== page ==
Berlin Anti-Monopoly Regulator Allows Rheinmetall Factory in Ukraine, Says No Competiton Issues Arise in Germany

Illustrative photo credit: Rheinmetall
Illustrative photo credit: Rheinmetall

It is currently not clear whether it was just another formality or a real roadblock that slowed down this important project

German government's competition regulator Bundeskartellamt has issued a permission for Rheinmetall arms manufacturer to open a joint venture in Ukraine in partnership with the Ukrainian Defense Industry state-owned company. The official statement was published on Bundeskartellamt's website yesterday, on September 29th.

This statement also claims that JSC Ukrainian Defense Industry has "around 67,000 employees" and that the joint venture facility will be located in Kyiv. It will maintain, develop, assemble, and produce military equipment.

Read more: Rheinmetall Poised to Open Armor Plant in Ukraine in Record-Breaking Time

The facility will initially operate exclusively on the territory of Ukraine, hence the project "does not result in any competitive overlaps" in Germany.

The anti-monopoly authority noted that Rheinmetall received this permission in a month's time. Bundeskartellamt President Andreas Mundt was quoted as saying that "the arms industry is on the move in view of the geopolitical situation" and that the approval was issued "quickly."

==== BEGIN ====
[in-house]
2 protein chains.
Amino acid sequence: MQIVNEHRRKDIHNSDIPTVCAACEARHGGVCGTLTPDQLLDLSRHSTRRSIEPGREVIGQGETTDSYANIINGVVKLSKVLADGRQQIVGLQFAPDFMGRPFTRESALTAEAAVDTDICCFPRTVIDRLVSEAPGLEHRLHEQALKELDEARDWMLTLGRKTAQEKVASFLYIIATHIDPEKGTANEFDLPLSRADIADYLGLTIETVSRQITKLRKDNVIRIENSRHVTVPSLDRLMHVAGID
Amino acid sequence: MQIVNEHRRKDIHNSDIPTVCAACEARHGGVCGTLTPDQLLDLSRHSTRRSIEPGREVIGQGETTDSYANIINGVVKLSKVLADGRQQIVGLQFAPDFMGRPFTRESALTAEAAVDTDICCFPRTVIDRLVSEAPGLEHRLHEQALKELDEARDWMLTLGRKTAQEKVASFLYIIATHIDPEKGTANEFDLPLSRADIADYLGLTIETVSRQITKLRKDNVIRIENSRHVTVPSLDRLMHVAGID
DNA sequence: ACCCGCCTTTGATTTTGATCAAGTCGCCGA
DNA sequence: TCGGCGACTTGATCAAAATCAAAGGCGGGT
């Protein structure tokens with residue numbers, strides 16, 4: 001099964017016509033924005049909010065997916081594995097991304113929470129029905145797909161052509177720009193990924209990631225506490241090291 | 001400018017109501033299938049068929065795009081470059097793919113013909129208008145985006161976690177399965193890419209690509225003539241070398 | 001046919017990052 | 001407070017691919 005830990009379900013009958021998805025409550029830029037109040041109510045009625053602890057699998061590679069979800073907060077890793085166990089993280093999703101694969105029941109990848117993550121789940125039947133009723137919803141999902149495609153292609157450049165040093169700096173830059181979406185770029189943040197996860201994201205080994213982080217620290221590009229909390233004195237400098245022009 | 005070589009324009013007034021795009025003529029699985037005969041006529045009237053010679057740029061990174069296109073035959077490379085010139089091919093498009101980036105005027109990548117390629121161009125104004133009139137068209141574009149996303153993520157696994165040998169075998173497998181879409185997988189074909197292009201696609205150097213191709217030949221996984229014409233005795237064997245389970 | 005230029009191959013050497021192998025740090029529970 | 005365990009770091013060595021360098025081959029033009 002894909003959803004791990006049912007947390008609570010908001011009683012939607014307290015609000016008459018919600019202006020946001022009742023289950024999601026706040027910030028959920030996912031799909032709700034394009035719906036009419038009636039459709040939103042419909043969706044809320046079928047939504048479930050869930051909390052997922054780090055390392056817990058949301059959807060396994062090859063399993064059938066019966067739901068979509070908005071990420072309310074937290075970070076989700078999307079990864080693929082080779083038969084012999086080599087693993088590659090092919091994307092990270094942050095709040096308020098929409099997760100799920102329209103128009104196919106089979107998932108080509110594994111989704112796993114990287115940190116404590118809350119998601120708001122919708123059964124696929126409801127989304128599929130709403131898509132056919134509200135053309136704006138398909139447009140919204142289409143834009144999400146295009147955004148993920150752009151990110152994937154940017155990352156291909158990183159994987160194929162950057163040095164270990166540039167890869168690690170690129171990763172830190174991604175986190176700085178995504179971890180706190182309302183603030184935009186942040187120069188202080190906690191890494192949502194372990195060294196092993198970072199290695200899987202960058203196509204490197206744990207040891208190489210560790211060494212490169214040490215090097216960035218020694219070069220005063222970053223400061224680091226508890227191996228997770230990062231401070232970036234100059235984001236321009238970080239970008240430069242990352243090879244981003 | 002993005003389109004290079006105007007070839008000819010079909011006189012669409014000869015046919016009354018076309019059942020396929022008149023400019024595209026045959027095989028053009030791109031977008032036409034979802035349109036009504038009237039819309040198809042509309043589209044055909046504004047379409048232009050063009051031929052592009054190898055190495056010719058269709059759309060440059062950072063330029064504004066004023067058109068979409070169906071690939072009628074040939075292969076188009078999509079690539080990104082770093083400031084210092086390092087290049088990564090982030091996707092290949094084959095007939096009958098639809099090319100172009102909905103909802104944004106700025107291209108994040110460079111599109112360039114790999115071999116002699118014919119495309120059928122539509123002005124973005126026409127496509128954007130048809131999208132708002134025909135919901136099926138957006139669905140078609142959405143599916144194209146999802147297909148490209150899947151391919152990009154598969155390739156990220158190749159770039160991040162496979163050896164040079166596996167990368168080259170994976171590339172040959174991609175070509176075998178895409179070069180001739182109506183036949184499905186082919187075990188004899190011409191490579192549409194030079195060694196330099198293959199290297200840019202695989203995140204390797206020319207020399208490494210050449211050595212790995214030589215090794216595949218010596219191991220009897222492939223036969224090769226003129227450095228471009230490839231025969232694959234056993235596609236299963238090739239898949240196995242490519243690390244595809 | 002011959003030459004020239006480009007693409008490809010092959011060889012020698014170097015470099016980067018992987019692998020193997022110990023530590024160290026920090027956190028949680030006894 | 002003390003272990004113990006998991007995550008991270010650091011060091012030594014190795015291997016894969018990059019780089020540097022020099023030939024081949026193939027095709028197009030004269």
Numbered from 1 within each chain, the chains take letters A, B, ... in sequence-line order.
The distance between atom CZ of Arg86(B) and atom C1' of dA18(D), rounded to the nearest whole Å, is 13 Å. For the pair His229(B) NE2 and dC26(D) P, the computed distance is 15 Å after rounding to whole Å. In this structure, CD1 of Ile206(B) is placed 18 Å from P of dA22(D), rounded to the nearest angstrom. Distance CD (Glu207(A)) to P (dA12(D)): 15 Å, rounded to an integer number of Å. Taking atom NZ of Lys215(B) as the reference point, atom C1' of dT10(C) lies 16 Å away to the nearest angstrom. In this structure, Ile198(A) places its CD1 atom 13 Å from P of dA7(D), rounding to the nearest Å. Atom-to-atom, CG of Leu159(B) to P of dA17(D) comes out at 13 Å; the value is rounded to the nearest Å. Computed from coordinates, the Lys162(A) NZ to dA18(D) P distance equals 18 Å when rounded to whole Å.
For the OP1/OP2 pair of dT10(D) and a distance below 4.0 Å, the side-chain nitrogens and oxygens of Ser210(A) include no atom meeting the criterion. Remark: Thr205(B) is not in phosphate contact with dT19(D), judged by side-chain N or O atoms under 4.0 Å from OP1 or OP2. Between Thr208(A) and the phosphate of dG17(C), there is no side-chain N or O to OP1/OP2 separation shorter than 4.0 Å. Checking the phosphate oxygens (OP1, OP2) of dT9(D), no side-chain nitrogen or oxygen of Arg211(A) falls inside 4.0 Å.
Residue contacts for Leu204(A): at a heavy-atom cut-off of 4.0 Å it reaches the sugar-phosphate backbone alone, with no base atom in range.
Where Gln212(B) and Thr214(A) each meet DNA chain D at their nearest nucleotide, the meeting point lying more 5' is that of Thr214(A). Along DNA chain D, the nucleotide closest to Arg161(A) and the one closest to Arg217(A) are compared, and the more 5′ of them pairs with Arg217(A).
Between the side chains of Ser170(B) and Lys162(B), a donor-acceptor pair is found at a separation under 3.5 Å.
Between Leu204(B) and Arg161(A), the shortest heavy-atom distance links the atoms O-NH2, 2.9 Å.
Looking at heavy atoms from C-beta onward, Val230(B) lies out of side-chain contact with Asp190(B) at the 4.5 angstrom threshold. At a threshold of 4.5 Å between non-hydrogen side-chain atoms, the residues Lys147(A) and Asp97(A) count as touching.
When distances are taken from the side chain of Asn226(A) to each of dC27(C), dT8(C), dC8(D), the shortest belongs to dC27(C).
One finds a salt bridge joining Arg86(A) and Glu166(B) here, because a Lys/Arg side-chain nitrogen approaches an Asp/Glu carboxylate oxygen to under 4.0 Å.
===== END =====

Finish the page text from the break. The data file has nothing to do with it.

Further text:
As a reminder, the enterprise in question will start with a focus on Fuchs armored vehicles, first by providing repairs and maintenance, and then will launch production of new ones; Rheinmetall CEO Armin Papperger was also considering making their newest Panther KF51 tank in Ukraine, which is yet in development.

Defense Express can neither confirm nor refute the statement that Ukraine's main arms maker JSC Ukrainian Defense Industry has 67,000 employees at the moment, as well as that the joint enterprise with Rheinmetall will open in Kyiv specifically – because those sorts of information are sensitive, and none of the officials on Ukrainian side ever mentioned that.

At the same time, the fact it took a month to get the permit raises concern as for whether the whole process of establishing the arms factory in Ukraine was slowed down or it was simply a formality on the part of German authorities that wasn't in the way of progress on this matter.

Earlier this month Defense Express reported that Rheinmetall agreed to restore 40 additional Marder IFVs for the Ukrainian Armed Forces and delivered the first batch of brand-new 35mm ammunition for Gepard vehicles – it took a full restart of production to make those big bullets.

Rheinmetall factory in the Hungarian city of Zalaegerszeg, August 2023
Illustrative photo: Rheinmetall factory in the Hungarian city of Zalaegerszeg, August 2023 / Photo credit: Rheinmetall
Read more: ​How Quickly Did Rheinmetall Launch the Factory in Hungary, and How Much Faster Will It Be in Ukraine